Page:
Until the middle of the twentieth century, in the United States, gourmet cooking was something associated with precious, effete members of the fashionable upper class. It was about haute cuisine, served with great formality, but it was also about snails and calves’ brains and, possibly, chocolate-covered ants. Middle-class Americans weren’t encouraged to fuss over their food, and even moderately wealthy households hired cooks when they could. Cooking was something you did because no one else was going to do it for you, and about the only people who were expected to get excited about it were eager brides and motherly home-ec types with treasured family recipes and Mayberry-style blue ribbon preserves.
But in the years following the Second World War, buoyed by an ebullient sense of sovereignty and almost double their prewar income, the American middle class discovered the culinary pleasures of newly affordable European tourism. The increase in income and social mobility (the American middle class doubled in size between 1945 and 1960) elevated expectations for middle-class wives. Important new cookbooks, culminating in Julia Child’s seminal Mastering the Art of French Cooking, encouraged a new openness to continental food among middle-class Americans. By the early 1960s, a sophisticated palate and a certain culinary flair were major status symbols among the upper-middle class.
Appreciation for international cuisine paralleled the air of UNICEF-flavored benevolence middle-class Americans, as privileged citizens of a recently conquering superpower, were inclined to extend toward the world that seemed to lay at its feet. Sales of cookbooks quintupled over the decade; and dinner party conversation among the Manhattan cognoscenti turned to food as a medium for the expression of their cosmopolitan and fashionable open-mindedness. “Food became, for dinner-party conversation in the sixties, what abstract expressionism had been in the fifties,” wrote Nora Ephron in a 1968 article for New York Magazine, describing the tidal wave of food consciousness that first swept over well-heeled New Yorkers in the late fifties and solidified into a unanimously acknowledged marker of upper-middle class status by the middle of the 1960s.
It wasn’t enough just to be cosmopolitan; it was important to surprise and delight your guests with your individuality, a value that exploded in importance over the course of the 1960s. Goodbye to the dowdy prime rib dinners her mother had served, with such propriety, when company came; the hip hostess of the 1960s wowed her guests with authentic, elaborately prepared curry or paella, or something French from Julia.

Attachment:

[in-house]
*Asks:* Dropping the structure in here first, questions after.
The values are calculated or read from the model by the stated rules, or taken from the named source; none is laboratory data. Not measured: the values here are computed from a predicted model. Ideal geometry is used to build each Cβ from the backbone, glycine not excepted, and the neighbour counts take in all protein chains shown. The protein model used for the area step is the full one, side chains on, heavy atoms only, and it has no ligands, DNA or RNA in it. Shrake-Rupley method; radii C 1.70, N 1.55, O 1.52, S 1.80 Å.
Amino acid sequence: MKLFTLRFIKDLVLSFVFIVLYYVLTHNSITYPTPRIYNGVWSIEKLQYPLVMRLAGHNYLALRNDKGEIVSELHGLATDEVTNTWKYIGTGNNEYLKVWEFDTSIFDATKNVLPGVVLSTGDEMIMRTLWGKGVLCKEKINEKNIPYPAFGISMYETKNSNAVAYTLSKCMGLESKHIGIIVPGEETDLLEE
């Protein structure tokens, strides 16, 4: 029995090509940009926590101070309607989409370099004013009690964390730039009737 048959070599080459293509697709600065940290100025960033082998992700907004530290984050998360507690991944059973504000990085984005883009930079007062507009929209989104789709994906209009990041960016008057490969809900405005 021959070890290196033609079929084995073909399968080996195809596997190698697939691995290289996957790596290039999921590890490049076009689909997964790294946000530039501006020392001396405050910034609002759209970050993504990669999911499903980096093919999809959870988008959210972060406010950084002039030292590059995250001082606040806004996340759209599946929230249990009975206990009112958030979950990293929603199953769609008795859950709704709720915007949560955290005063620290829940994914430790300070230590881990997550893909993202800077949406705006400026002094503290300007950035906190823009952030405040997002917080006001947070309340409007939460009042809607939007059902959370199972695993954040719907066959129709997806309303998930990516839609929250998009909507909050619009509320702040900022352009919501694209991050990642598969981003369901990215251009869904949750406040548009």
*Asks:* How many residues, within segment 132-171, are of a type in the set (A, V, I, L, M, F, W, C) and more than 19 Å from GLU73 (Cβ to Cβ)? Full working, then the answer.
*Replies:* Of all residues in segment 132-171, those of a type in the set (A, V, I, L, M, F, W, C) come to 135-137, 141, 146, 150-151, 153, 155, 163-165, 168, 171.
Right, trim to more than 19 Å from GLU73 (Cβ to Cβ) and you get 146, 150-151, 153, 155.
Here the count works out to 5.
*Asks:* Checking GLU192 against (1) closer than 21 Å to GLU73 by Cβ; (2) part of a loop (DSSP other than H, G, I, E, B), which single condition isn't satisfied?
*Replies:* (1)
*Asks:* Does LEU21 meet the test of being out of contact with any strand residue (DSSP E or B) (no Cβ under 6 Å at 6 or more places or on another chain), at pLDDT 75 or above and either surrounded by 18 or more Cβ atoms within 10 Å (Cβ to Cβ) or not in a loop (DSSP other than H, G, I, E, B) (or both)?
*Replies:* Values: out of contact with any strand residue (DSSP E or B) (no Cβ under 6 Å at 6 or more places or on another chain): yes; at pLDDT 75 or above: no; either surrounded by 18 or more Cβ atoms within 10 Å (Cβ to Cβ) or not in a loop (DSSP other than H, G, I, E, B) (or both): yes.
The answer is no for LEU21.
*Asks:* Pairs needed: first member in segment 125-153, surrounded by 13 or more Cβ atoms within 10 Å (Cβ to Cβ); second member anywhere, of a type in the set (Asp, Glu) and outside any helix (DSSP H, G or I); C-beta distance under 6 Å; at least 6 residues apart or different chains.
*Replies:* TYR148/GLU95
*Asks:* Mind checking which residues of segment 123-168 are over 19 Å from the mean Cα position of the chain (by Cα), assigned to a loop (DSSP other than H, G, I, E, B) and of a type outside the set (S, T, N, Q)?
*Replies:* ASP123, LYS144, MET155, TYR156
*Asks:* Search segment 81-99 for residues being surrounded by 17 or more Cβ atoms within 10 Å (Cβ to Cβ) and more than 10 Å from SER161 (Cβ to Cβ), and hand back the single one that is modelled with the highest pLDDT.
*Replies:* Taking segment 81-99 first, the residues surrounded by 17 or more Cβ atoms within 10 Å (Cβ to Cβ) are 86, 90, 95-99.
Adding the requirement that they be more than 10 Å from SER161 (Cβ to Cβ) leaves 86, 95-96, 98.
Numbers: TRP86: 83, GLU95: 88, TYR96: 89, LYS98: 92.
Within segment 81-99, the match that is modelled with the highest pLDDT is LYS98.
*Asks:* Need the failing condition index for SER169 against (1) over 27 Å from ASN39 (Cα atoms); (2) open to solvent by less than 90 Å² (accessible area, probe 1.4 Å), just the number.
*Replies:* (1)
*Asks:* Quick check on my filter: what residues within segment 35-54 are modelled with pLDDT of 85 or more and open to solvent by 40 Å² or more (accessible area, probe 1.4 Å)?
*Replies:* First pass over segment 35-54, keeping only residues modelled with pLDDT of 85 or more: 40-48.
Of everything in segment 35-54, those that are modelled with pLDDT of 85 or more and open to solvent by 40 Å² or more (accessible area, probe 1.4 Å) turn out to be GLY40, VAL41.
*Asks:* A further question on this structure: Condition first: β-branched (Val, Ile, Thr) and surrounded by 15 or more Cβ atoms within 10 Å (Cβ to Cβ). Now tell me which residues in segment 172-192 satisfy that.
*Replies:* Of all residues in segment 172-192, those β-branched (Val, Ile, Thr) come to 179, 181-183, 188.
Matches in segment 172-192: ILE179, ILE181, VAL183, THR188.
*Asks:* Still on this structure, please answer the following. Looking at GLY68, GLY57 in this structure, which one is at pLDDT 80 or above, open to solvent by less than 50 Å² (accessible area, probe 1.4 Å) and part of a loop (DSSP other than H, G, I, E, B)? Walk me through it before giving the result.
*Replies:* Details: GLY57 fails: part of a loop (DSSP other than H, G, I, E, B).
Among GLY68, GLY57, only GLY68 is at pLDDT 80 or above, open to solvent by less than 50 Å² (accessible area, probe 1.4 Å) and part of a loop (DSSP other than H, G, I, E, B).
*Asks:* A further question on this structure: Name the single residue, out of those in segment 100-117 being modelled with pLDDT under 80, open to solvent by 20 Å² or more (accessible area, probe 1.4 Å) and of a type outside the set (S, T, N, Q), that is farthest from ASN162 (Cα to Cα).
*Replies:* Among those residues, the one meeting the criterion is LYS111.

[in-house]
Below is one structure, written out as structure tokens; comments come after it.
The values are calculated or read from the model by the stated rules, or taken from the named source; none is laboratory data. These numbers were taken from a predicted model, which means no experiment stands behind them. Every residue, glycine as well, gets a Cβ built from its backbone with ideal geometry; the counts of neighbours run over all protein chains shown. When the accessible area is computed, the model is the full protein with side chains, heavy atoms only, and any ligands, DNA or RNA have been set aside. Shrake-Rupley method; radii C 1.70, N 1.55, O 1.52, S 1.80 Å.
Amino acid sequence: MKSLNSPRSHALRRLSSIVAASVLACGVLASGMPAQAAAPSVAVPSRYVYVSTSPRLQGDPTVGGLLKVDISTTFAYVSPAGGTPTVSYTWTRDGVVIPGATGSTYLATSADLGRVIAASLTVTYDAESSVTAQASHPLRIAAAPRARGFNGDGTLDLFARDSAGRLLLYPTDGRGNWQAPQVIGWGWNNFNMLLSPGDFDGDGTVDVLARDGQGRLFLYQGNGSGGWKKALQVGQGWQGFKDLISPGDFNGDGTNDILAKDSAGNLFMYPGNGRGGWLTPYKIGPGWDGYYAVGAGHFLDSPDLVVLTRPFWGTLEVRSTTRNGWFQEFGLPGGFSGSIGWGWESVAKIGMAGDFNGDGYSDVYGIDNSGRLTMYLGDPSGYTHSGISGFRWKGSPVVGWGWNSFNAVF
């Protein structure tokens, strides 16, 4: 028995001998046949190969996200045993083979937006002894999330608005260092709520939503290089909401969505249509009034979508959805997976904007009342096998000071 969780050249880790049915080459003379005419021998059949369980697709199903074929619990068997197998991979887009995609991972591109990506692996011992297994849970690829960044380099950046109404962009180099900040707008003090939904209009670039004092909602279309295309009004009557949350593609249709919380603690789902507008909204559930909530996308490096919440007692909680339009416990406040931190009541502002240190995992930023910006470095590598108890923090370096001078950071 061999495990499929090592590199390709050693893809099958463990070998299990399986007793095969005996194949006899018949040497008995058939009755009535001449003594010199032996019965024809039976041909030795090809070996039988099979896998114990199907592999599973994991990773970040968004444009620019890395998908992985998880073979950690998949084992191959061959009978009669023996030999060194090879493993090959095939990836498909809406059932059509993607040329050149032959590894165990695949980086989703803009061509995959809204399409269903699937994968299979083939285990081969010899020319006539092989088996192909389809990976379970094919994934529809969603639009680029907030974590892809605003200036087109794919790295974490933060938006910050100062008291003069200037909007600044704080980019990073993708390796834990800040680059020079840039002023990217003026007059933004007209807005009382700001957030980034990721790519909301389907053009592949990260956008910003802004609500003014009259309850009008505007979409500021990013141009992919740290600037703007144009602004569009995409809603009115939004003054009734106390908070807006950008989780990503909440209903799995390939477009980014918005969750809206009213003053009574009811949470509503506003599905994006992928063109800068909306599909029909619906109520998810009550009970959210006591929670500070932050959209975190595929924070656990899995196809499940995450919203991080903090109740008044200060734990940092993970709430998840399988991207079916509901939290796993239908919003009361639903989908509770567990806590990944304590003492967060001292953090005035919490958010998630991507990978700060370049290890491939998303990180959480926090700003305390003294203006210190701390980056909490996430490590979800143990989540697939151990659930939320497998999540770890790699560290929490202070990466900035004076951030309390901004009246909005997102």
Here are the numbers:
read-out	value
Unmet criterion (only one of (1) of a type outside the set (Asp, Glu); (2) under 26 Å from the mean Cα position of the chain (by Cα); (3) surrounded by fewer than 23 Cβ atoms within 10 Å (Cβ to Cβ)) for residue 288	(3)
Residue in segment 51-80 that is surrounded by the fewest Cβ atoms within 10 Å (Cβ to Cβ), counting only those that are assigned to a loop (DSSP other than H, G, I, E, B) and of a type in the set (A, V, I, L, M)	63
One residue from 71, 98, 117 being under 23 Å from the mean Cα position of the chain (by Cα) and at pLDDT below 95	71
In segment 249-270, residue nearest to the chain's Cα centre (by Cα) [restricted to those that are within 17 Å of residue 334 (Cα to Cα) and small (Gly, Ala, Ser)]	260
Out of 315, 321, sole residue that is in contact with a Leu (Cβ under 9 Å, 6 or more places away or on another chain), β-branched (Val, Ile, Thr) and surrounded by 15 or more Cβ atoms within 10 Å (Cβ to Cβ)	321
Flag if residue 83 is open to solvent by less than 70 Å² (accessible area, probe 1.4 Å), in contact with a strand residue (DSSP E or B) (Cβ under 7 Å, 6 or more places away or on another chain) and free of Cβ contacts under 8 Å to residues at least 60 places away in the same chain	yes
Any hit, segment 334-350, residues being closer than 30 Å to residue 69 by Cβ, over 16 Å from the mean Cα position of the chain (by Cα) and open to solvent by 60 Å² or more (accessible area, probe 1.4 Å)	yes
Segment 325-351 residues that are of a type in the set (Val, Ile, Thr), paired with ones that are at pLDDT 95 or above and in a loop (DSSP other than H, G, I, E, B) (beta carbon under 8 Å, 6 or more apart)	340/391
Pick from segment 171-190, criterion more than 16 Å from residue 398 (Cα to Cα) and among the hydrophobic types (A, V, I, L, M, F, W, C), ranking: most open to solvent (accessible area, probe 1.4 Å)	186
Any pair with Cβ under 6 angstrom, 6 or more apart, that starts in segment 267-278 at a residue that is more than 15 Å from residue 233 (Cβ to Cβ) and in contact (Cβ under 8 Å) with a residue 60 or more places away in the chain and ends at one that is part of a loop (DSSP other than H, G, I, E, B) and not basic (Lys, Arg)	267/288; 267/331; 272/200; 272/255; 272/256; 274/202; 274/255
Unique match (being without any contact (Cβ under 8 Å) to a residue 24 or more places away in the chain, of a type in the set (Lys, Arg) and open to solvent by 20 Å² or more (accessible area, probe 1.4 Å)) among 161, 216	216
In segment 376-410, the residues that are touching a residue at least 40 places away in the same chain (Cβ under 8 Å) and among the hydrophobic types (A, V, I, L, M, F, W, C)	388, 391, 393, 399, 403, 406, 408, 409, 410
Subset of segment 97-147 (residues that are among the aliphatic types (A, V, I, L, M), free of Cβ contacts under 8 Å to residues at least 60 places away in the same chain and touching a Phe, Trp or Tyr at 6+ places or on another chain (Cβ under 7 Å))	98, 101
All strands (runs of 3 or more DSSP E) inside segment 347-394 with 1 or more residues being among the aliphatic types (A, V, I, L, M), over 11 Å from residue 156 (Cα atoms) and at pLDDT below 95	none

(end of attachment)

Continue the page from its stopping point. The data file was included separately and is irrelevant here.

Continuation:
And it wasn’t just women signaling their insider status with this newfound culinary sophistication. In the pages of the aspirational lifestyle guide that was the 1960s-era Playboy magazine, Hugh Hefner encouraged would-be swingers to show off their preference for continental cuisine as part of their image as sophisticated hedonists, not dreary, suburban, meat-and-potatoes family men. For the first time in America’s cultural history, it began to become acceptable for men to take an interest in what went on in the home kitchen; the final domain of solely feminine expertise, in the post-Dr. Spock era, was fading away.
Baking bread seems a little homespun for those who aspired to eat the way the international jet-setters did. Nevertheless, urbane-food guru Craig Claiborne’s classic New York Times Cook Book, which launched a zillion dinner parties in the 1960s, includes plenty of bread recipes, including this simple Cuban Bread, which Claiborne described as one of the most popular recipes taught at the James Beard Cooking School in New York (and if there was a 1960s epicure baking their own bread in New York, there’s a good chance that’s where they’d learned to do it.) It makes a great sandwich, so you can impress your fancy friends with an Elena Ruz, and show them what a citizen of the world you are.
Verbatim from Claiborne, Craig. The New York Times Cook Book. New York: Harper & Row,1961
1 package yeast
2 cups lukewarm water
1 ¼ tablespoons salt
1 tablespoon sugar
6 to 7 cups sifted flour
- Dissolve the yeast in the water and add the salt and sugar, stirring thoroughly.
- Add the flour, one cup at a time, beating it in with a wooden spoon. Or use the dough hook on an electric mixer at low speed. Add enough flour to make a fairly stiff dough.
- When the dough is thoroughly mixed, shape it into a ball, place in a greased bowl and grease the top. Cover with a towel and let stand in a warm place (80° to 85° F.) until doubled in bulk.
- Turn the dough out onto a lightly floured board and shape into two long, French-style loaves or round, Italian-style loaves. Arrange on a baking sheet heavily sprinkled with cornmeal and allow to rise five minutes.
- Slash the tops of the loaves in two or three places with a knife or scissors. Brush the loaves with water and place them in a cold oven. Set the oven control at hot 400° F.) and place a pan of boiling water on the bottom of the oven. Bake the loaves until they are crusty and done, about forty to forty-five minutes.